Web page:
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Posts tagged with "Drug Development"

  • Drug Assays

    A Magic Methyl, Spotted in the Wild

    You hear medicinal chemists talking about the “magic methyl”, the big effect that a single CH3 group can have on potency or selectivity. Here’s a new J. Med. Chem. paper that shows one in action.That structure looks like a kinase inhibitor if anything ever did, and so it is. But small changes to it can… Read More
  • Drug Assays

    Ligand Efficiency Rethought

    Peter Kenny has a paper out on ligand efficiency that’s required reading for medicinal chemists using (or thinking about) that concept as a design tool. I’d recommend reading it with this recent paper – between the two of them, you’re going to have references to a huge swath of the literature on how to measure… Read More
  • Cancer

    A Nobel for Immuno-Oncology

    As many had expected, the Nobel prize in medicine/physiology this year recognizes advances in immuno-oncology: James Allison (for CTLA4) and Tasuku Honjo (PD-1). For some years now, that has been a huge, massive, unstoppable wave in cancer research, and I would not want to try to estimate how much time, effort, and money has gone… Read More
  • Drug Assays

    A New Antibiotic? Yes, Please

    New antibiotics against resistant Gram-negative bacteria make me happy, so I’m very glad to see this report from Genentech. They’ve been doing a lot of work on an antibiotic scaffold (arylomycins, Update: on a program that came in whey they bought RQx) which had not thus far really found much practical use, and it looks… Read More
  • Clinical Trials

    Digging Into the Genetics of Drug Targets

    Rare diseases – remember years ago, back when those were a case of market failure? When companies were reluctant to work on them because the market size was guaranteed to be small and you’d have to charge, like, a hundred thousand or more a year to make the whole idea financially viable? Which wasn’t going… Read More
  • Business and Markets

    Anarchist Drugs For All. Yeahboy.

    I’ve had numerous requests for my opinion about this article, so here it comes: it’s largely bullshit. It’s about “a volunteer network of anarchists and hackers developing DIY medical technologies”, and I can see why Vice.com is running the article, because that drugs/anarchists/hackers combo is absolute catnip to thei… Read More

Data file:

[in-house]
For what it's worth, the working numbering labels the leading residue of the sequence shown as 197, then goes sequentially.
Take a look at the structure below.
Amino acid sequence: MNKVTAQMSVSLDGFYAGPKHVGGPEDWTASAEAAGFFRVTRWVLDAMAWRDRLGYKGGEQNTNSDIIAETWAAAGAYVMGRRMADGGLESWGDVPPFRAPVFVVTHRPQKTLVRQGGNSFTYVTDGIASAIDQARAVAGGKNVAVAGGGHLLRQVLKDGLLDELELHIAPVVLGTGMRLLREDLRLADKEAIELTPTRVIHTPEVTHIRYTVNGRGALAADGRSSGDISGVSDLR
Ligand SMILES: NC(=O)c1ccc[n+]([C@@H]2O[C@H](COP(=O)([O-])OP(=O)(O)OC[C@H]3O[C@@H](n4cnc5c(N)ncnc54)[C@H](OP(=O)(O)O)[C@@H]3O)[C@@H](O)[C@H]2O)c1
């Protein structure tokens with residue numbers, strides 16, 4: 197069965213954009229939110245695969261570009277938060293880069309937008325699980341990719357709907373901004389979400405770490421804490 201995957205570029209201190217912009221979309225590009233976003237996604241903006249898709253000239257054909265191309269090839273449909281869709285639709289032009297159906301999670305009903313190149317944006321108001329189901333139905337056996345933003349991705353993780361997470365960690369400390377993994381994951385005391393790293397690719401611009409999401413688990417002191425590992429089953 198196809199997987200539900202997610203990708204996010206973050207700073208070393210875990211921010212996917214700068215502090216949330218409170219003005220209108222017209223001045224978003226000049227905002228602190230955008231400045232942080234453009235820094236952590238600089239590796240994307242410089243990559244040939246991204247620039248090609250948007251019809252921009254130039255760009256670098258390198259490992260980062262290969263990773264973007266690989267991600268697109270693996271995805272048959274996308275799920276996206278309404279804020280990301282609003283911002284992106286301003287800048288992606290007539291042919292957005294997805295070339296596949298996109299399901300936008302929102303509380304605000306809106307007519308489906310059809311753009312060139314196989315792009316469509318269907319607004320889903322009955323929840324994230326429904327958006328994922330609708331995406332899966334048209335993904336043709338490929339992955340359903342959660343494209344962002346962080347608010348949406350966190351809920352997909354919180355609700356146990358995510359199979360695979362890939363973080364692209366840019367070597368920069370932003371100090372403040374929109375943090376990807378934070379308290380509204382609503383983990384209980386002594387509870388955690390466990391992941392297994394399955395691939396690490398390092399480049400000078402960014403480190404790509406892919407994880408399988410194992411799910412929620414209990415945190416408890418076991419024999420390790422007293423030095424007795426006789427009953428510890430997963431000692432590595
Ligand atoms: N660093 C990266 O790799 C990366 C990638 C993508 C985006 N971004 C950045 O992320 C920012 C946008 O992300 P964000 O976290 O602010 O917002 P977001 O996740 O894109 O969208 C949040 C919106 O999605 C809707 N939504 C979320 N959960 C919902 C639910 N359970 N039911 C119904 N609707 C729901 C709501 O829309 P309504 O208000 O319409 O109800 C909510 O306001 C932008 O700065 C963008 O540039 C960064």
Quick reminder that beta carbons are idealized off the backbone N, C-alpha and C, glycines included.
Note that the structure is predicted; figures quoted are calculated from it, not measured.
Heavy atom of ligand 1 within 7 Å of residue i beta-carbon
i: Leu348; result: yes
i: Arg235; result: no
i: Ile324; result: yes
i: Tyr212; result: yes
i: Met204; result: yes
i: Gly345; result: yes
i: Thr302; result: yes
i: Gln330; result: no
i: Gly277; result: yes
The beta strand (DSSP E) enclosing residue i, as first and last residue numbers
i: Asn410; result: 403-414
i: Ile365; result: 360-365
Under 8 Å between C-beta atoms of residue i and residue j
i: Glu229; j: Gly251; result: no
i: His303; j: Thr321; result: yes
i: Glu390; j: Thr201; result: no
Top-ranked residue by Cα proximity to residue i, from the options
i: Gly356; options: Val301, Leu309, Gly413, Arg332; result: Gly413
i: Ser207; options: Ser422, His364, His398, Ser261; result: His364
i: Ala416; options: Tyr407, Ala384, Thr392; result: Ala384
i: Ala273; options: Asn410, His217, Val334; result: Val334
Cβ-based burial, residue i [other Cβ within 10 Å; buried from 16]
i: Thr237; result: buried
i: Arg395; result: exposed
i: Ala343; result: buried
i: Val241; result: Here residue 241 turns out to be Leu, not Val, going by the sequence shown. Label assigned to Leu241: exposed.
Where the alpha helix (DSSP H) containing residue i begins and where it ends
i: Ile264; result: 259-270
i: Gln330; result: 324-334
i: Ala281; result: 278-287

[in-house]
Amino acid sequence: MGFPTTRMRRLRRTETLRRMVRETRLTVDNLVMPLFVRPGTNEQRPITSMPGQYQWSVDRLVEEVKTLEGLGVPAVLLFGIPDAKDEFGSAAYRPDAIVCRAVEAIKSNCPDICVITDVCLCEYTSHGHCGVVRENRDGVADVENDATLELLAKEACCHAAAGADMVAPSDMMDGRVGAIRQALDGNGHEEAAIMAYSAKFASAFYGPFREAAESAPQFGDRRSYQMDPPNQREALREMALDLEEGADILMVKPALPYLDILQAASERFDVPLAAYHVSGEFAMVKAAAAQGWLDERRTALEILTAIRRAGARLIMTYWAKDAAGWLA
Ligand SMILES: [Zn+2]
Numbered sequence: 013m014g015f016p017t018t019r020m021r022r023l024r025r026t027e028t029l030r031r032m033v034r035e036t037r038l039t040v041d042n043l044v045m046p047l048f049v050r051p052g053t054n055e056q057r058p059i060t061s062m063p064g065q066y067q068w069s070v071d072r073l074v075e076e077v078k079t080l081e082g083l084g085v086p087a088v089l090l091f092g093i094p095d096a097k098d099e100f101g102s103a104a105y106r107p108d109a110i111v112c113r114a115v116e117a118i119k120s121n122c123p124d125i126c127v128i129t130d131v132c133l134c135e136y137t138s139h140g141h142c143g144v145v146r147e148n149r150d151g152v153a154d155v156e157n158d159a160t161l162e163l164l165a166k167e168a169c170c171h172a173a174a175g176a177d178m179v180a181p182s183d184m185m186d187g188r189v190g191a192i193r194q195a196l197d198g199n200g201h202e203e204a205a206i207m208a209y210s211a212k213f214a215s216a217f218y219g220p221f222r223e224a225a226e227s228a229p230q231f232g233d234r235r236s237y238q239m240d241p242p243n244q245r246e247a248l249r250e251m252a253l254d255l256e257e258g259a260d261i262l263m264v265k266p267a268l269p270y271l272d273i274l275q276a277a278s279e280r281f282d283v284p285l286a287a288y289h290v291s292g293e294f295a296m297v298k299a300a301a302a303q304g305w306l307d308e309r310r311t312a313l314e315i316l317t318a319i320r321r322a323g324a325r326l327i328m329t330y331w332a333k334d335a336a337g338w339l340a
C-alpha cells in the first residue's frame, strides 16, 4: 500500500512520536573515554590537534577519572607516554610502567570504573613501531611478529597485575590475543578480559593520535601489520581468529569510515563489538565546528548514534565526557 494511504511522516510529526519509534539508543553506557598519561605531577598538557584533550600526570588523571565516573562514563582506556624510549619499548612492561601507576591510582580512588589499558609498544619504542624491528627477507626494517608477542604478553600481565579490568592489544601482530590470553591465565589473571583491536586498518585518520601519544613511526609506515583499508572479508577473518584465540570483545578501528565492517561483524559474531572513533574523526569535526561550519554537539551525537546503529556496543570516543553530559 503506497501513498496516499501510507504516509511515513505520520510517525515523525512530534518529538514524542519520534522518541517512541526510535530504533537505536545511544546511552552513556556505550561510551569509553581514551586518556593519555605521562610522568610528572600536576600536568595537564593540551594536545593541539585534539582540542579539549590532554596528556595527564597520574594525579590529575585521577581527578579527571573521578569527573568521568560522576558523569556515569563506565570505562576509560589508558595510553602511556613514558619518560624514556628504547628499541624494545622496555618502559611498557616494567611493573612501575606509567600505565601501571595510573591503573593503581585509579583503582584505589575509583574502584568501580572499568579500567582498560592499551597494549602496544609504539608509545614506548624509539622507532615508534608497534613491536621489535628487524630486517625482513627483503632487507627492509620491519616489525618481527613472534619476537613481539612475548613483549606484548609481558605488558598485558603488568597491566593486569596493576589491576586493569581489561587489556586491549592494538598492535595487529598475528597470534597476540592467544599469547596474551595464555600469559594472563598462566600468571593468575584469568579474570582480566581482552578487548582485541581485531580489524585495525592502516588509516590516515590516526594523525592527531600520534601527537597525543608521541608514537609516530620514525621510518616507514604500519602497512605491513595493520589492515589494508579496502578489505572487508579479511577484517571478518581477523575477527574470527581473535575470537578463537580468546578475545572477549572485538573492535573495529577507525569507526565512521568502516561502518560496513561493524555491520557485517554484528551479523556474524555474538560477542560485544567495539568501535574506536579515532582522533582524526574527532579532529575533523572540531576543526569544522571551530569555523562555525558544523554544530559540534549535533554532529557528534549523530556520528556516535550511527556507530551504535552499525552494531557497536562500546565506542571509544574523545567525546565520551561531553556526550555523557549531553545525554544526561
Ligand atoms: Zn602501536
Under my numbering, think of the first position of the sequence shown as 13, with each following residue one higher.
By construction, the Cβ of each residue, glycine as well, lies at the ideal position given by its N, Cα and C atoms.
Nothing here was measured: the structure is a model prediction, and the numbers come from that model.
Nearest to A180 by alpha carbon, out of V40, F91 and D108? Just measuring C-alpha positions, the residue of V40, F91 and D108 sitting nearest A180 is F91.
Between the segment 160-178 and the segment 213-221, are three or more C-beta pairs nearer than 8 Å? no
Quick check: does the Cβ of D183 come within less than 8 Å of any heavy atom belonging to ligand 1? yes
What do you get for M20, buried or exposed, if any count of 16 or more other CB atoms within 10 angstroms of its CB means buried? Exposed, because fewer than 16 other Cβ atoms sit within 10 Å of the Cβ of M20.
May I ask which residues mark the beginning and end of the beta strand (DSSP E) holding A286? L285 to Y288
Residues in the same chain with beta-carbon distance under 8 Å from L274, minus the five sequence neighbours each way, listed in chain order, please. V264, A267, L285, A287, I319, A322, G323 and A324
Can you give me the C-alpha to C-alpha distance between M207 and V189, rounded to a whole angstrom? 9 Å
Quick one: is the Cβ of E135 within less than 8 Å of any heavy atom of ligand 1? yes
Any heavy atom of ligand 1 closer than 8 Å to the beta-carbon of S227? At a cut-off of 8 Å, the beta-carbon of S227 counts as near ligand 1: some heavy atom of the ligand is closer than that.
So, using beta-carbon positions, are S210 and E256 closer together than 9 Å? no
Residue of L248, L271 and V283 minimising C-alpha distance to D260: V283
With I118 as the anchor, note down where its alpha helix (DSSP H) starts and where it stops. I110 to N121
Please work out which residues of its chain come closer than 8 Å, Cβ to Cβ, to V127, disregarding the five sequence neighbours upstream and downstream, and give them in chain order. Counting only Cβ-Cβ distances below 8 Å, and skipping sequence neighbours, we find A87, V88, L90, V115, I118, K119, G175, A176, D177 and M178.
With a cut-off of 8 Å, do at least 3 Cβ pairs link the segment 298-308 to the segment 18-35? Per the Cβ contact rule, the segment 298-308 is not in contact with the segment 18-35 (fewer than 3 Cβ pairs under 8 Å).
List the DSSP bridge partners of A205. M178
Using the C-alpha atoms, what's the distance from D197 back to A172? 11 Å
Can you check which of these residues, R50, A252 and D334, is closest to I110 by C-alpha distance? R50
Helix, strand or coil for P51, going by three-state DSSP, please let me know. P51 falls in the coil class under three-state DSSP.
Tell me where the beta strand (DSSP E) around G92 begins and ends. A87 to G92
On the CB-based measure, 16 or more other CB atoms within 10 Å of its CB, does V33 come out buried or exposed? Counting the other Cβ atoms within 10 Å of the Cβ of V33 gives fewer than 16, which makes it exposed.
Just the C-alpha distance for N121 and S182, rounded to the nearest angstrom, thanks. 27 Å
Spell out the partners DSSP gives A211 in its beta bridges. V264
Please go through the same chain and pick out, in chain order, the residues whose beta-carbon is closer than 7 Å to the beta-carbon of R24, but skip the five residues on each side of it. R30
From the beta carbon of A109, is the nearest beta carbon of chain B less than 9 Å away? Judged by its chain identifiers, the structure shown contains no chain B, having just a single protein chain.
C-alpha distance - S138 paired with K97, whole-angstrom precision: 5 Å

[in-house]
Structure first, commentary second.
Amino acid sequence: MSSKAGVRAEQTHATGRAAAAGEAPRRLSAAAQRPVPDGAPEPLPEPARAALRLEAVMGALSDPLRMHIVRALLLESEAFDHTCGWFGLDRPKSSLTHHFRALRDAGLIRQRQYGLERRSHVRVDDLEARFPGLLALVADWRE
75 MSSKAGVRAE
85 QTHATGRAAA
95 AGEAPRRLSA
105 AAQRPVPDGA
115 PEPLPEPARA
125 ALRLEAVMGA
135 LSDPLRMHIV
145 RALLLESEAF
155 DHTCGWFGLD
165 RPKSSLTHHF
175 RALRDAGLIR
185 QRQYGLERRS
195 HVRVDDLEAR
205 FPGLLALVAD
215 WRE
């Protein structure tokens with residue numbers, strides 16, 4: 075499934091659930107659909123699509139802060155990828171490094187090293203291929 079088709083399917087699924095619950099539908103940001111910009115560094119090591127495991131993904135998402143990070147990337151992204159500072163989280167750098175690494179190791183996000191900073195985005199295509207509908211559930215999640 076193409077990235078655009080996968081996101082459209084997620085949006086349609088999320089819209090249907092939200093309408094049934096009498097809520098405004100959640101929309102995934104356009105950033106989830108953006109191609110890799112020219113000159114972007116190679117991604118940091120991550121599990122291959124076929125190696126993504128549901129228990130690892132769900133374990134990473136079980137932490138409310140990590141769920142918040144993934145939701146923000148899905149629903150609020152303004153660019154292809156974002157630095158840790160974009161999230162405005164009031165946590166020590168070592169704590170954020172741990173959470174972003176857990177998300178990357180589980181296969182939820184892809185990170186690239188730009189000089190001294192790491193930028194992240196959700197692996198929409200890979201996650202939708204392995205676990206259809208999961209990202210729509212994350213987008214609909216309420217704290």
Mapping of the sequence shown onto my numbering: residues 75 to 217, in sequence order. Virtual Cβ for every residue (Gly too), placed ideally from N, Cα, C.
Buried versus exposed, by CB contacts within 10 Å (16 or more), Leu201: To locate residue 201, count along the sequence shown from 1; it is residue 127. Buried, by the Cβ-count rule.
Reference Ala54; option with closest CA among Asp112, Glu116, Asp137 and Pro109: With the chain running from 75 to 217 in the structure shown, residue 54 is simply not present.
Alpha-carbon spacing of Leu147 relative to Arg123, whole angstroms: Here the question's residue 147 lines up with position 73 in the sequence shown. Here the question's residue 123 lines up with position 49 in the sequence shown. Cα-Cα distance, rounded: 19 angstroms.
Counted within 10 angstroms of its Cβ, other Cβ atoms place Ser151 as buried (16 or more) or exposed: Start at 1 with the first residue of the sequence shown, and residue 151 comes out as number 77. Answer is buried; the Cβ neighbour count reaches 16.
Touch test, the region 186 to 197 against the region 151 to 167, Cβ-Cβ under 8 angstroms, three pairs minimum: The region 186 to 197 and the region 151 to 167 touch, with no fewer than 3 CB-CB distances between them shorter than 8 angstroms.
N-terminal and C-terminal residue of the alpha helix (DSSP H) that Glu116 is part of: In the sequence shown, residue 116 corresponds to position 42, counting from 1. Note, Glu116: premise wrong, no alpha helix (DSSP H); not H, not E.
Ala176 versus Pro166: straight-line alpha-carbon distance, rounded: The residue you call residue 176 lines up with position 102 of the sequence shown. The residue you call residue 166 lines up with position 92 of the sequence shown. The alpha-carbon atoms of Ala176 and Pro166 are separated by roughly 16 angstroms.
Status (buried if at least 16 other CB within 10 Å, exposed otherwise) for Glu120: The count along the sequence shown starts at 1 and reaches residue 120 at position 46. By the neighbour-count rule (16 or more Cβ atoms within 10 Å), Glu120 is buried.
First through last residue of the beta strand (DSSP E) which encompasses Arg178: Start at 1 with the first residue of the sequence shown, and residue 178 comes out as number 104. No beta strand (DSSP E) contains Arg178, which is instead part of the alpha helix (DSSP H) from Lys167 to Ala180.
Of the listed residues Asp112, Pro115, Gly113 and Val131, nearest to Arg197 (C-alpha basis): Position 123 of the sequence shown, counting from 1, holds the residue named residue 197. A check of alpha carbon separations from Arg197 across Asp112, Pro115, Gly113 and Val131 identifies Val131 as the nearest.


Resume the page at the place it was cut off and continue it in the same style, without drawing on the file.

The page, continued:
• Drug Development

    On Jadedness

    It’s a Friday in midsummer, so I assume that a fair percentage of the readership is not even around! So I’m not going to do a huge detailed blog post (got one of those coming on Monday, actually). Today I just wanted to go on a bit about a problem that comes with experience in… Read More
  • Alzheimer's Disease

    The Case of Verge Genomics

    A number of people have passed along the recent press stories about Verge Genomics, a new company out of YCombinator that has just raised $32 million for neuroscience drug discovery. Now that, as literally anyone who’s ever done it can tell you, is a hard field of a hard field, and I wish Verge good… Read More
  • Analytical Chemistry

    The Entropic Term is Laughing At Us

    There are plenty of things to optimize in a med-chem project other than binding affinity. But if you don’t have at least some level of binding, you may not have a med-chem project. And while from the outside, you might think that understanding how and why compound A binds to a given target while compound… Read More
  • Cancer

    Why Not Target DNA? Well. . .

    There are all sorts of small-molecule drugs that bind to protein targets. Active sites of enzymes are, of course, a big subset of those, but there are plenty of enzymes whose allosteric sites are known to host synthetic ligands as well. Membrane receptor and ion channel proteins get both of those mechanisms too, and then… Read More
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